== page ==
Sobre este curso

Oxford University
  • Data de início

    2020 - 2021
  • Fees

  • Study mode

  • Ucas Code

  • Campus

    Oxford University
  • Qualification

    Master of Studies

O melhor curso na melhor universidade para você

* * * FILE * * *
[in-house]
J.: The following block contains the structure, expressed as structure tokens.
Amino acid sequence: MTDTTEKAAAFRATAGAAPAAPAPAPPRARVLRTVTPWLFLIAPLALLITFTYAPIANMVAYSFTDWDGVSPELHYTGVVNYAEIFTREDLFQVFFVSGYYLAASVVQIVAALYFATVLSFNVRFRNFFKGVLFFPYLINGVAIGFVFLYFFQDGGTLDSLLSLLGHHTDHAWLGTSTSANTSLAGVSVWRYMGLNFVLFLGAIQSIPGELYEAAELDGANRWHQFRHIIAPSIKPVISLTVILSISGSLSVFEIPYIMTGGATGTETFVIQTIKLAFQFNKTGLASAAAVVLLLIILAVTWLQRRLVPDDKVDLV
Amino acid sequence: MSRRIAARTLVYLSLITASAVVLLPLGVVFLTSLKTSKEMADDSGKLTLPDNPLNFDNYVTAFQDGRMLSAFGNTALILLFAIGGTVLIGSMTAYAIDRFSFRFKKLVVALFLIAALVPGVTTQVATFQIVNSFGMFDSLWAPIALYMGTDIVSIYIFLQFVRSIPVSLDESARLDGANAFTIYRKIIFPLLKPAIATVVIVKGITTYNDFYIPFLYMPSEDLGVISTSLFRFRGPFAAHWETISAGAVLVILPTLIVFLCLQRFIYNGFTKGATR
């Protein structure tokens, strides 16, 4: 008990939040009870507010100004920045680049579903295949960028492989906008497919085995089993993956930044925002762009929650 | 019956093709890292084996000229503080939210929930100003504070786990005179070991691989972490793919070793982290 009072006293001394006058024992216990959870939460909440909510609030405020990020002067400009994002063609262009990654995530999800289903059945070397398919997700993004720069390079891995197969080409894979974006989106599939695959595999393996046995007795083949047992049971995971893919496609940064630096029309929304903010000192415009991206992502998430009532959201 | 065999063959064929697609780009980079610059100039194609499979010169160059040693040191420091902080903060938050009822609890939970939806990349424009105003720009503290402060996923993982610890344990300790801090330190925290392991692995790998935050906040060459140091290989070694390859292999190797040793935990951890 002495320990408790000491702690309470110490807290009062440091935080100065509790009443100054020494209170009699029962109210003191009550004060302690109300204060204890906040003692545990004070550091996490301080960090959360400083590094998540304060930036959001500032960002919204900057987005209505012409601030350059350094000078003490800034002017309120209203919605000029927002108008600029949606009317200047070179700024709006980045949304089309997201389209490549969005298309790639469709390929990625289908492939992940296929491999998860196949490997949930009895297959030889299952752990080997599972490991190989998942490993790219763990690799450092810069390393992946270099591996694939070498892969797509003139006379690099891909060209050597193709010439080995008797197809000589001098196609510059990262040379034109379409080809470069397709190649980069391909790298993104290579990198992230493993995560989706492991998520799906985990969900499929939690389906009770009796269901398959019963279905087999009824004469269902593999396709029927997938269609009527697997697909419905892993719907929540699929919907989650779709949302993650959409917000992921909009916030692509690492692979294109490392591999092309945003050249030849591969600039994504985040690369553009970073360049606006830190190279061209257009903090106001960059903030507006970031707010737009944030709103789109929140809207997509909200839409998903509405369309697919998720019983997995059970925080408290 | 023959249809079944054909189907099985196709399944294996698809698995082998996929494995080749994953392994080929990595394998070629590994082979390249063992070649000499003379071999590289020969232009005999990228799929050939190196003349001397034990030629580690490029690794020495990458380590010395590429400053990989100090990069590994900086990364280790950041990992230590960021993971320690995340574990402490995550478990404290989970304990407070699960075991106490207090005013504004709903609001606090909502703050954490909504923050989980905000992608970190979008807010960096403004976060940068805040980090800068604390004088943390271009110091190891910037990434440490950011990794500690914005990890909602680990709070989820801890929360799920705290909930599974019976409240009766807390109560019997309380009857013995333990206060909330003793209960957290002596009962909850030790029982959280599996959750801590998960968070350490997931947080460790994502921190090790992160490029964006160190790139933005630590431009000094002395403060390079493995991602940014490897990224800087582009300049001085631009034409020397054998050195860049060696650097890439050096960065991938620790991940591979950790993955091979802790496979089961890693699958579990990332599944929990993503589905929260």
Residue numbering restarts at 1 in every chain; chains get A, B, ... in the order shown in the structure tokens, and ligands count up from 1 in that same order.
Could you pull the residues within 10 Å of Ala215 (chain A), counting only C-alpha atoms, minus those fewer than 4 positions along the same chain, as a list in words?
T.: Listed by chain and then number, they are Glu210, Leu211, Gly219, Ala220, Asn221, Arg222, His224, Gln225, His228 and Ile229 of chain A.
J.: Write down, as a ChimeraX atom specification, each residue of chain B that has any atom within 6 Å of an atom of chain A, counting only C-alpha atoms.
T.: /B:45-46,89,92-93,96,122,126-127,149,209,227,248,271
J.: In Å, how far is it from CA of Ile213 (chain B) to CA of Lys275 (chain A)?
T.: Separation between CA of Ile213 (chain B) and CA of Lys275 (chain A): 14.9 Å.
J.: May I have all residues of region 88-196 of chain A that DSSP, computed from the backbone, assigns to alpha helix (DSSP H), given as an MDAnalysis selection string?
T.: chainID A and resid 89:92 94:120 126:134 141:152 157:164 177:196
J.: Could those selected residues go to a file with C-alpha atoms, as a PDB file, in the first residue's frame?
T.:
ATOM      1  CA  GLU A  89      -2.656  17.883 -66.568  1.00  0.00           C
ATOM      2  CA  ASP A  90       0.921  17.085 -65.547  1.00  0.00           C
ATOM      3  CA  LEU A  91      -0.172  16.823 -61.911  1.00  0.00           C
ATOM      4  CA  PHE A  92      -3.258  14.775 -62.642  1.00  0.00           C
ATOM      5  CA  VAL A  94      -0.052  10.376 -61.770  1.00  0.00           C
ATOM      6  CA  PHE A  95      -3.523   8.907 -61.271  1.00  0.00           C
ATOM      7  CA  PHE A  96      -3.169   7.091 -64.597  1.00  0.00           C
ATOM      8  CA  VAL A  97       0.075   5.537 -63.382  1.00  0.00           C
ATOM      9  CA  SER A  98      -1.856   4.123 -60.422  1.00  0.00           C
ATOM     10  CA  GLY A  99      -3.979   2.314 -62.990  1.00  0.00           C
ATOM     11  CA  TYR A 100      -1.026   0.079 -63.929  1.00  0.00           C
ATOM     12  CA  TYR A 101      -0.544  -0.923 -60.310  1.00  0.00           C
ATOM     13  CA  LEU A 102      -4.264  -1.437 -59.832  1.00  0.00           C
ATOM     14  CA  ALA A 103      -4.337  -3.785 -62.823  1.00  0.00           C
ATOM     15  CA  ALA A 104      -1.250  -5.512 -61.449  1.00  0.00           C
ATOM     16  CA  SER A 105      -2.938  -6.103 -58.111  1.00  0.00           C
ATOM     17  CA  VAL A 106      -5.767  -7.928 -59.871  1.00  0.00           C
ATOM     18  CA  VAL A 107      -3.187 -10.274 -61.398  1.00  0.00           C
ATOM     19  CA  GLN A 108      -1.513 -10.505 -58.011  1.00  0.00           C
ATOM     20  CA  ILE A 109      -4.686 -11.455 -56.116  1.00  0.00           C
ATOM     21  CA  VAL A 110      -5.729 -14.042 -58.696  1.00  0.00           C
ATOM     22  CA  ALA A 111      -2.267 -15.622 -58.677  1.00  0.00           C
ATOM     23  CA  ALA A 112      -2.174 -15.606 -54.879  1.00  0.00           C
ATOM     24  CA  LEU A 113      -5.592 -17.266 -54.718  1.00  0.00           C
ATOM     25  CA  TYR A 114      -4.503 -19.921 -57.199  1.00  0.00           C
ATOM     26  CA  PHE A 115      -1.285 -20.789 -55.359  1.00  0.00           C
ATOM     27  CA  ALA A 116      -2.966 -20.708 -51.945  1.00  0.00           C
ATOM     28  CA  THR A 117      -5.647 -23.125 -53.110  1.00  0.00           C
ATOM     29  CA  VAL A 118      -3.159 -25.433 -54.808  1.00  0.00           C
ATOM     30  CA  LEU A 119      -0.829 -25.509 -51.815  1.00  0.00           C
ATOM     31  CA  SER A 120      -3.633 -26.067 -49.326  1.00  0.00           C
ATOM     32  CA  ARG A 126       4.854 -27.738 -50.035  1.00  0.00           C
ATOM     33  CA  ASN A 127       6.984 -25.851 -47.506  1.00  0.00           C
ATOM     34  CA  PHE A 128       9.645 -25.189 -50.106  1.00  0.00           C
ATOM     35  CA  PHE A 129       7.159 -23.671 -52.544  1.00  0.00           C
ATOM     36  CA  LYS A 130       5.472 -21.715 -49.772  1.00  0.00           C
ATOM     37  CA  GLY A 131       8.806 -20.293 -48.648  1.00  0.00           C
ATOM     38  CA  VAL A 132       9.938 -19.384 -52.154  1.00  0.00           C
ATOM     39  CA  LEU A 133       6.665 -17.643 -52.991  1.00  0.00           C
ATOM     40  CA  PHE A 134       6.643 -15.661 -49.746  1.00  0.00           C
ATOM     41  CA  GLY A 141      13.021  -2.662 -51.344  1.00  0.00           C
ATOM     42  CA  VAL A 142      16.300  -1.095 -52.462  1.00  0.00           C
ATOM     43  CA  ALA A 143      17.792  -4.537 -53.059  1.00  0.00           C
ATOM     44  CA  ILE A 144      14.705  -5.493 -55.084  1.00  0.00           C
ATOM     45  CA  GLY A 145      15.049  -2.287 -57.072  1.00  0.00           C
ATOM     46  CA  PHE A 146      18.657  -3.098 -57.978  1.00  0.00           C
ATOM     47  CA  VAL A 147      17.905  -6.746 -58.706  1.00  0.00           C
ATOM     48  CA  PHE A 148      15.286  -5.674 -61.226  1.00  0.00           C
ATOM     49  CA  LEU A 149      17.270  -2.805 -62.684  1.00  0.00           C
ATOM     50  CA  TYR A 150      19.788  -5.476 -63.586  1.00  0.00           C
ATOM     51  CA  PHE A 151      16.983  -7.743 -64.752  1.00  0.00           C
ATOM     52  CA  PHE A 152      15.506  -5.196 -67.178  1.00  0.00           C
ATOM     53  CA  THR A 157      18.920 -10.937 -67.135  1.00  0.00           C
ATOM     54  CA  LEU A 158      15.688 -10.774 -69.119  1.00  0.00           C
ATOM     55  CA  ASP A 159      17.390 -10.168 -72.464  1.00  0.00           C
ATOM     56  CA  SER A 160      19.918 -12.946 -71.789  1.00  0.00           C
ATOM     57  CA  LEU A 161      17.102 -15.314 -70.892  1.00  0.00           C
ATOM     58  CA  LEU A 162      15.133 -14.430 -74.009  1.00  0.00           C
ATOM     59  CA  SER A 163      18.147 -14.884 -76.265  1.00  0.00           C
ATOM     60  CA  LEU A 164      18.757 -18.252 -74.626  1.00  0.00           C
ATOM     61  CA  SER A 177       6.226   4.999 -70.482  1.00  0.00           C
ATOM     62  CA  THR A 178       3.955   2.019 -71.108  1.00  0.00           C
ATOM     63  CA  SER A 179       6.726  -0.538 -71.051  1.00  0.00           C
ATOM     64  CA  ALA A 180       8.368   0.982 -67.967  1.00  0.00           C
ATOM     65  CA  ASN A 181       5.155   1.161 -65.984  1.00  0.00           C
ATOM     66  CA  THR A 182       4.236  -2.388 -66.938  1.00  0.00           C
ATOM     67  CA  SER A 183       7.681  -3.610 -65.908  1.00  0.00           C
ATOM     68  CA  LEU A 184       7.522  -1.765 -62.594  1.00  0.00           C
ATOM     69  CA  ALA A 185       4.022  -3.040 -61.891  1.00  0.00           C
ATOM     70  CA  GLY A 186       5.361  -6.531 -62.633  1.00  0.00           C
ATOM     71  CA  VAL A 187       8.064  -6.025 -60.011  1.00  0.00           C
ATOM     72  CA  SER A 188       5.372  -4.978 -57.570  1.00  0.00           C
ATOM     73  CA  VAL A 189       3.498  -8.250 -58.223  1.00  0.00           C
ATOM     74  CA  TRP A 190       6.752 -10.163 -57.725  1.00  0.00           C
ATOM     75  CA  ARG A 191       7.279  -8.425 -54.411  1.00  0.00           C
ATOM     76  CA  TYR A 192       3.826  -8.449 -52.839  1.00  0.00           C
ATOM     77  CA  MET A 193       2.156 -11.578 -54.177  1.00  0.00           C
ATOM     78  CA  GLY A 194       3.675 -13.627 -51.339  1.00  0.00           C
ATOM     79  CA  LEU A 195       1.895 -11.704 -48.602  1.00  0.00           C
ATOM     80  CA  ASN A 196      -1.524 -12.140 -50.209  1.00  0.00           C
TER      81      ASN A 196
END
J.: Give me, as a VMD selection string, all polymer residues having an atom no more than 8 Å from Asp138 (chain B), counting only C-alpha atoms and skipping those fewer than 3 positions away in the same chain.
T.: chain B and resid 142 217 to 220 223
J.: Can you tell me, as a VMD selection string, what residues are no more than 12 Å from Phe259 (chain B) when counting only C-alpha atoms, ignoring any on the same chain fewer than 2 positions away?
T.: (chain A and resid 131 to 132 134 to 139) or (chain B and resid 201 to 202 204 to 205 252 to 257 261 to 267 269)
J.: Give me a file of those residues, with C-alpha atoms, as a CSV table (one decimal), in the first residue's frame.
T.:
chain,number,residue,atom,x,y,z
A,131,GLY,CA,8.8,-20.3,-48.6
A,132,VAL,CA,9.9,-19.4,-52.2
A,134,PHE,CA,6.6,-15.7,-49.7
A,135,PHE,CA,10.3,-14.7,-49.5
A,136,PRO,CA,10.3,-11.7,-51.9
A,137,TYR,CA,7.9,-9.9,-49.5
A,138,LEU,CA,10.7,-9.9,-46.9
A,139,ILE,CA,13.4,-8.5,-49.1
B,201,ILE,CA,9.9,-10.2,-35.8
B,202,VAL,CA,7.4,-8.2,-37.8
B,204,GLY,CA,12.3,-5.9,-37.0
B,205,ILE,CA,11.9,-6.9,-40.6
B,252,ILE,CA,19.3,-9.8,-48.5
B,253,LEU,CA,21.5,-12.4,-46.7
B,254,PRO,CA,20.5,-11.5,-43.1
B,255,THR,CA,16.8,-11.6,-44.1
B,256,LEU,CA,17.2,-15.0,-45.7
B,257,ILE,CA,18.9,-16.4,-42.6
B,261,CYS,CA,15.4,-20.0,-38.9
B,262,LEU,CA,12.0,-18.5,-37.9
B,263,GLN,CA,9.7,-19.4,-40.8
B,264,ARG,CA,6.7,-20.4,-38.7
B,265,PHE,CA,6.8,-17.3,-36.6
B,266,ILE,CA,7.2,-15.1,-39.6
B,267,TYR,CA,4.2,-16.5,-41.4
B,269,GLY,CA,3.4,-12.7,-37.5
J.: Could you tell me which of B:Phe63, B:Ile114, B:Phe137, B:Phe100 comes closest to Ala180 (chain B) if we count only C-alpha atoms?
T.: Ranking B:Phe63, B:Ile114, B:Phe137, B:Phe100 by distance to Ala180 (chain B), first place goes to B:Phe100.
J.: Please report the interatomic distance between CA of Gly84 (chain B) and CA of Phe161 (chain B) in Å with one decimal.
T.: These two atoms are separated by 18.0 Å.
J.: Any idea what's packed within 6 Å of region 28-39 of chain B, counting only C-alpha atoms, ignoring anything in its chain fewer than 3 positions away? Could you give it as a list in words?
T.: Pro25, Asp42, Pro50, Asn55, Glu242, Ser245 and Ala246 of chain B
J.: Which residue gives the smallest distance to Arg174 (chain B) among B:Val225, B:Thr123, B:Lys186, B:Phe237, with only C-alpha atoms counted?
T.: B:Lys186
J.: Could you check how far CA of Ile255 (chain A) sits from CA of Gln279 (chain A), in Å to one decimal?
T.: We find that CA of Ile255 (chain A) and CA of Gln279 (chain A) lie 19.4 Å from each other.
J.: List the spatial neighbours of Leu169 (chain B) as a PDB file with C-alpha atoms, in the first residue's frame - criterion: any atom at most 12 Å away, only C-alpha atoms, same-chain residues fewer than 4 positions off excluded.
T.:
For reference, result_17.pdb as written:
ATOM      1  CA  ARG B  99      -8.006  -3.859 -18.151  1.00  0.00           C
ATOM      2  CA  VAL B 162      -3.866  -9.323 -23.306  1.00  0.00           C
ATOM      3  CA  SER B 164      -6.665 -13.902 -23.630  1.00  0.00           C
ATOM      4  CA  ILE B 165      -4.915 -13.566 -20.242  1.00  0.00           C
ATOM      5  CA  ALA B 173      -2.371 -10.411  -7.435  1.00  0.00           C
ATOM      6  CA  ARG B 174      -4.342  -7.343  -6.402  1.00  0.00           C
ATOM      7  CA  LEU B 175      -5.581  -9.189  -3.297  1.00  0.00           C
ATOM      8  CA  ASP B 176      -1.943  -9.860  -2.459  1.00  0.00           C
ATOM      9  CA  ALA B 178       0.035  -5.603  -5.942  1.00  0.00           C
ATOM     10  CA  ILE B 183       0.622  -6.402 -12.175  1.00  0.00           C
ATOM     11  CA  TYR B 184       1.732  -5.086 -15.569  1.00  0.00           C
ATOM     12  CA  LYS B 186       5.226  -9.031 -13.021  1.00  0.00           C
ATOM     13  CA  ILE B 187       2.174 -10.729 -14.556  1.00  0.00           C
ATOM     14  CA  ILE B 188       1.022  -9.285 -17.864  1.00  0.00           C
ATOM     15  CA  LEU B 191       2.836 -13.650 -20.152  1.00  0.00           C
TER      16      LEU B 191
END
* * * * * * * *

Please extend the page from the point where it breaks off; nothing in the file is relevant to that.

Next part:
The information provided on this page was correct at the time of publication (November 2019). For complete and up-to-date information about this course, please visit the relevant University of Oxford course page via The English master's programmes are designed to serve both as an autonomous degree for students wishing to pursue more advanced studies in English literature, and as a solid foundation for doctoral research. The MSt in English (1550-1700) offers students the opportunity both to explore their own interests within this remarkably rich period in English literary history, and to develop the skills necessary for pursuing these interests with real breadth and depth. Its varied components allow students to study texts in careful detail, and to pursue large and ambitious concepts: as such, the MSt is well-suited both to those who want an additional, stand-alone year of coherent literary study, and those who are interested in going on to undertake doctoral research. The mixture of interpretative, scholarly, and writerly skills that the course helps to foster are ideal for applicants interested in a range of subsequent paths, both inside and outside the academy. The MSt programme consists of four main components. In the first two terms, you will take a core course (A), in which specialists in Early Modern literature from across the English Faculty will introduce you to key concepts and debates within the period 1550-1700. You will also take a second core course (B), in book history and the materiality of the text, which will allow you to engage closely with the unparalleled collections of the Bodleian Libraries. You will additionally choose two courses from a wide range of thematic options (C courses), which might focus on a given author in depth, or explore a broader theme. Finally, under the guidance of a specialist supervisor you will also research and write a dissertation on a topic of your choosing, which is submitted in the final term. The MSt programme is assessed via the submission of four pieces of coursework. In addition to the dissertation, you will submit three essays of 6,000 to 7,000 words â?? one at the end of the first term, and two at the end of the second term â?? relating to the B and C courses that have been taken. A. Core course: Critical Questions in Early Modern Literature This is the core course for this MSt, and introduces students to key texts and current debates on the literature and cultural history of the period. It is intended both to help students find their feet as they begin advanced literary study, and to allow them to sample discussions taking place at the cutting edge of the field. It is formally non-assessed but compulsory. B. Core course: Bibliography, Theories of Text, History of the Book, Manuscript Studies On this course you will explore the materiality of texts: drawing on the unparalleled early modern holdings of the Bodleian Library, you will consider the production, circulation and reception of texts as physical objects. This means examining, among other things, the ways in which manuscripts moved between scribes and readers; annotated books and the history of reading; palaeography; editing and ideology; and the roles of publishers and printers in the period. Seminars will offer a blend of critical reflection alongside first-hand access to rare print and manuscript materials. C. Special options The special option courses present an excellent opportunity for you to develop and pursue your research interests. Each year the special options that are offered reflect the diversity of interest and approach within the English Faculty itself, and will encompass various methodologies and degrees of focus. D. Dissertation You will write a 10,000- to 11,000-word dissertation on a subject of your choice, but related to the work you have been doing over the year.

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